Opening its 14th season with gusto, Oklahoma City Theatre Company presents Hedwig and the Angry Inch. The show boasts a cult following; its inaugural Oklahoma City show was staged in 2001. The leading role of Hedwig has been performed by Matthew Alvin Brown each time.
“When I was living in New York, I would see [playwright and original Hedwig] John Cameron Mitchell in Hedwig almost every weekend. It was like church for me,” said Brown.
A rock musical in its purest form, Hedwig centers on the pursuit of self. Although Brown is a veteran in the role, he still has to work hard.
“Physically, this one is tough. It’s like running as fast as you can for an hour and a half, in drag ... while singing,” he said.
The show is directed by Christopher Castleberry and has a live rock band led by Richard York. Brown co-stars with Renee Anderson.
“I’ve been in so many shows with Matt, but not this,” Anderson said. “I saw him do it over 10 years ago, and I didn’t know what [it was about] at the time. It’s such an honor to come into it now. I find myself just mesmerized by watching him.”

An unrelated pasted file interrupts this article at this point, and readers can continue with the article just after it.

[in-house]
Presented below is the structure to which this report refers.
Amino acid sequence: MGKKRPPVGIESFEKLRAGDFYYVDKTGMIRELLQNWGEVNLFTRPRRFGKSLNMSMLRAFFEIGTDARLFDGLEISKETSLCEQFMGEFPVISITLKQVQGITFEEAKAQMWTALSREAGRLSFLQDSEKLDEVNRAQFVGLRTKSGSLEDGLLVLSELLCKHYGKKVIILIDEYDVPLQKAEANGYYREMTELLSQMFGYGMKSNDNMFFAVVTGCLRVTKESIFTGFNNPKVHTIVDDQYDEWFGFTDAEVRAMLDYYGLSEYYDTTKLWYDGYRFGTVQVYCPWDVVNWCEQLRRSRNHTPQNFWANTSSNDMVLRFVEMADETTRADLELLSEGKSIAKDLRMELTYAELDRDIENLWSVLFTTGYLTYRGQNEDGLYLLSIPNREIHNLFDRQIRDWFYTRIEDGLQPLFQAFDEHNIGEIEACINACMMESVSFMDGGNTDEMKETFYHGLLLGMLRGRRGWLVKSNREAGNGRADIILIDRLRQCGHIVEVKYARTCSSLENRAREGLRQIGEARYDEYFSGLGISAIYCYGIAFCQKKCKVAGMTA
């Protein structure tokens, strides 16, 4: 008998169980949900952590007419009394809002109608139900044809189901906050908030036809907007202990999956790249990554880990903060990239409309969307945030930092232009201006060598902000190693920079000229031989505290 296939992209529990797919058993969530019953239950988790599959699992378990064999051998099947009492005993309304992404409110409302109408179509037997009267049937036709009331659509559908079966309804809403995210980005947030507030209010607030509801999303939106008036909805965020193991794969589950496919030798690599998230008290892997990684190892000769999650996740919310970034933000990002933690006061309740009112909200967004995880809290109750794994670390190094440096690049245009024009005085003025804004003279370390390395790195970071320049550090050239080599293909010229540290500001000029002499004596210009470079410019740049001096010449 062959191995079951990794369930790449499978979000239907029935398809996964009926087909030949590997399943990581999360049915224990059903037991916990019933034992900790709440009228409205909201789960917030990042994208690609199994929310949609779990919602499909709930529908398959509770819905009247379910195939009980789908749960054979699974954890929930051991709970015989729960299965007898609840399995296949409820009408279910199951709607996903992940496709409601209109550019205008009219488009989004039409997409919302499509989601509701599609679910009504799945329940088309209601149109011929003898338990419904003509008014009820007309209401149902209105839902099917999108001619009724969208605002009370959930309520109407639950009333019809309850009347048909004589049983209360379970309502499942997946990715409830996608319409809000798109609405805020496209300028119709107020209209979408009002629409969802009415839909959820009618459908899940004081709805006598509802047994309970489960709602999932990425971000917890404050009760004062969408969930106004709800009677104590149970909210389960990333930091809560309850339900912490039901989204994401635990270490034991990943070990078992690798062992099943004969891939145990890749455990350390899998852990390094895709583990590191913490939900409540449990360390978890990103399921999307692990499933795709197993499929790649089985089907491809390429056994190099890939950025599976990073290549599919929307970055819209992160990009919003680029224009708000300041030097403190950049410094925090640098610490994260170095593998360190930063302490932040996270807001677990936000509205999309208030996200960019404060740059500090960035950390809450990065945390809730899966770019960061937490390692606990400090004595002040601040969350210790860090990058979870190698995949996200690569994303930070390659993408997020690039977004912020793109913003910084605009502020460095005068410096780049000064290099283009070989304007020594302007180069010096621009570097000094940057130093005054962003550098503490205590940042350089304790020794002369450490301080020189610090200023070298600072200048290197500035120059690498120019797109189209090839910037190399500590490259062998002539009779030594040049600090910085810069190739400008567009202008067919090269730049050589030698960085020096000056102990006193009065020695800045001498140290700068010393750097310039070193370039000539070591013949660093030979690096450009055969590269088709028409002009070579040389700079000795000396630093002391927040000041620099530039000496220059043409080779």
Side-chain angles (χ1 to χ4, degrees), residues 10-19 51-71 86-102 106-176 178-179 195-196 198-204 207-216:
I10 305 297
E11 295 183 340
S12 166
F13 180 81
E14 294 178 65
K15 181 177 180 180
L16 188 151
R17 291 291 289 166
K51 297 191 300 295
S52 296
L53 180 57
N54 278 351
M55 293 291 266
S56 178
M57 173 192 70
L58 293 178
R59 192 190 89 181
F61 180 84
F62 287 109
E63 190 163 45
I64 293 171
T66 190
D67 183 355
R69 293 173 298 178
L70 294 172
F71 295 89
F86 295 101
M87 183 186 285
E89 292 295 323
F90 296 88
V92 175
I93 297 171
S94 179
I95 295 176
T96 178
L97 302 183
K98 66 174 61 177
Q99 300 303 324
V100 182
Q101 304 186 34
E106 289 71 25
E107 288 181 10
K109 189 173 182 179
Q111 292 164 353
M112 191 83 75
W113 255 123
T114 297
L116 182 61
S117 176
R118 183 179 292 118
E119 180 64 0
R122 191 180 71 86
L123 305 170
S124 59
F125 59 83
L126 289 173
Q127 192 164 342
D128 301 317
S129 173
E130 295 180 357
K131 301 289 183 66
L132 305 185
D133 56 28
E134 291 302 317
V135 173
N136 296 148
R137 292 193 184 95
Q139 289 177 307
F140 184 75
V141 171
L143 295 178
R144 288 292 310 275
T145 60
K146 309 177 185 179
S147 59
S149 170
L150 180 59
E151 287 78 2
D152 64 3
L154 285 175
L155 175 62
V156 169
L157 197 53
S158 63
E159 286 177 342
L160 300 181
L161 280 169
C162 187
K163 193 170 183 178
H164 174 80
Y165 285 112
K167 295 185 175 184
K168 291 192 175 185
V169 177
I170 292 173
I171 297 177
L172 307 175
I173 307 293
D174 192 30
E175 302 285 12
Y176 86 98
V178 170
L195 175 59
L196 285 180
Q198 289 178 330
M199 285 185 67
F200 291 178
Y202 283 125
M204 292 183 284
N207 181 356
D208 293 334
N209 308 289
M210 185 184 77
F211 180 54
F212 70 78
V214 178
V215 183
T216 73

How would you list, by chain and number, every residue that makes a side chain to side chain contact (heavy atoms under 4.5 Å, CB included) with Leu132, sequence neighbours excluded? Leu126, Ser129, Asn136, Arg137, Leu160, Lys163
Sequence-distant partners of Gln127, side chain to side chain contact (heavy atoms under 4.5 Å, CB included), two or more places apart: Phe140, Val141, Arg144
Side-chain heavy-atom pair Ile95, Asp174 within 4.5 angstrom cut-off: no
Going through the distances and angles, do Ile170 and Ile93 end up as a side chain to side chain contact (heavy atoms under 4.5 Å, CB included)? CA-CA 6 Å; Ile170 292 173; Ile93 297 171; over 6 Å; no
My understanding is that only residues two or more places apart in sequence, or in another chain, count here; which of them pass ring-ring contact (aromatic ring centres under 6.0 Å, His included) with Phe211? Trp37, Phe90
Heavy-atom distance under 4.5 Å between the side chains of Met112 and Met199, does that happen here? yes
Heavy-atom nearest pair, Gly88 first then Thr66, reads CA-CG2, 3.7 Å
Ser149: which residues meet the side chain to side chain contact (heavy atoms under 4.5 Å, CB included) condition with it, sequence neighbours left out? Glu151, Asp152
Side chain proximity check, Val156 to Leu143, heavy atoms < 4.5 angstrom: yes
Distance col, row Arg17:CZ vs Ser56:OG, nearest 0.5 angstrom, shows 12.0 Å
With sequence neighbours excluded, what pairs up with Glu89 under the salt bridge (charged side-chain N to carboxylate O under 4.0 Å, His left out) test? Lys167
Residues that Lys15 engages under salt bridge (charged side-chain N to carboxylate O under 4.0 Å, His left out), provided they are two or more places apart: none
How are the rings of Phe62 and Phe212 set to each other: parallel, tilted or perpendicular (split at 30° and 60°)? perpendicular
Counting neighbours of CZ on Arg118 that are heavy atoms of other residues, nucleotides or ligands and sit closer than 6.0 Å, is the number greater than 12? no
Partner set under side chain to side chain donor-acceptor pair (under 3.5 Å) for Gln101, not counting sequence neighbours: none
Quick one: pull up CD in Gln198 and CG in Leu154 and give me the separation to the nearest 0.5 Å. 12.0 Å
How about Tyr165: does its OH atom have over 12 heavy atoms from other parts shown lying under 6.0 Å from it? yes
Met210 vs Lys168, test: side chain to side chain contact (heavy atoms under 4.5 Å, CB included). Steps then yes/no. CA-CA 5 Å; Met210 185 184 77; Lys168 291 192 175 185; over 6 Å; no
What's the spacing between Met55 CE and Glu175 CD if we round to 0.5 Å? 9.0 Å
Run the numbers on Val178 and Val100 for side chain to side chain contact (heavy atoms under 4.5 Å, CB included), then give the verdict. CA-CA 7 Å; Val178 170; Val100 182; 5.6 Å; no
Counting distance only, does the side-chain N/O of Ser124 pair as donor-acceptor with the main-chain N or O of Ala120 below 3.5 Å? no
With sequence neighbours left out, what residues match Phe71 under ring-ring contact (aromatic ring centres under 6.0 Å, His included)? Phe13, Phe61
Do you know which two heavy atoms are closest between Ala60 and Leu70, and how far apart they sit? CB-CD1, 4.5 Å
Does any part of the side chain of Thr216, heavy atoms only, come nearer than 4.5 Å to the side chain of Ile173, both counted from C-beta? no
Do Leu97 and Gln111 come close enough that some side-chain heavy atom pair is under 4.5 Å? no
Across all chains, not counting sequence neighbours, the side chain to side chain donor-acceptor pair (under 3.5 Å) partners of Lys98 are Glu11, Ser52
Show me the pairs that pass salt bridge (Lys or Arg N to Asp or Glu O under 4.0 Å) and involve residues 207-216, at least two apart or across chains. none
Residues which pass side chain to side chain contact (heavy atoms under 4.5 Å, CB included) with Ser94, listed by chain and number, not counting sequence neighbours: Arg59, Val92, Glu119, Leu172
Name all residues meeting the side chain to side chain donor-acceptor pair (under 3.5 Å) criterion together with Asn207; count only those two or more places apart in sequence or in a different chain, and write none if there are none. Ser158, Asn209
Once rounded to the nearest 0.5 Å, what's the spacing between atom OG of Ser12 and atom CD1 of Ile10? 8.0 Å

This year, a few tweaks in the production have given the cast, as well as the fans, something to celebrate.
“While we loved our time at The Boom, it’s a nice change of pace to perform in a theater. I think the show has a whole new vibe,” said Brown.
He noted he’s keeping the elements that have drawn audiences for a decade. The mix of old and new elements makes for an exciting show.
“Chris Castleberry has taken the show to a whole new level. Joining forces with Oklahoma City Theatre Company has given the show that added boost of kick-ass. I think it’s the most fully realized production of this show I have been a part of,” Brown said. “The band has never sounded better. Renee Anderson is a vocal beast and she delivers an incredible, restrained performance that will break your heart, in a good way.”
The production provides more than entertainment. It’s packed with a powerful message, advocating support for the LGBT community.
“[It’s about] finding yourself, your own identify and [has] this great music to go along with it,” said Anderson, who plays Yitzhak, Hedwig’s disgruntled husband.
Although Anderson doesn’t have a lot of dialogue, she said the task of portraying the character has been intense.
“This is one of the most challenging roles I think I’ve ever done. I really have to play a guy,” she said. “So it’s been a lot of fun.”
Drag, theater and rock have never been happier together than in Hedwig.
“We have a really incredible production on our hands, and every element has been boosted,” said Brown.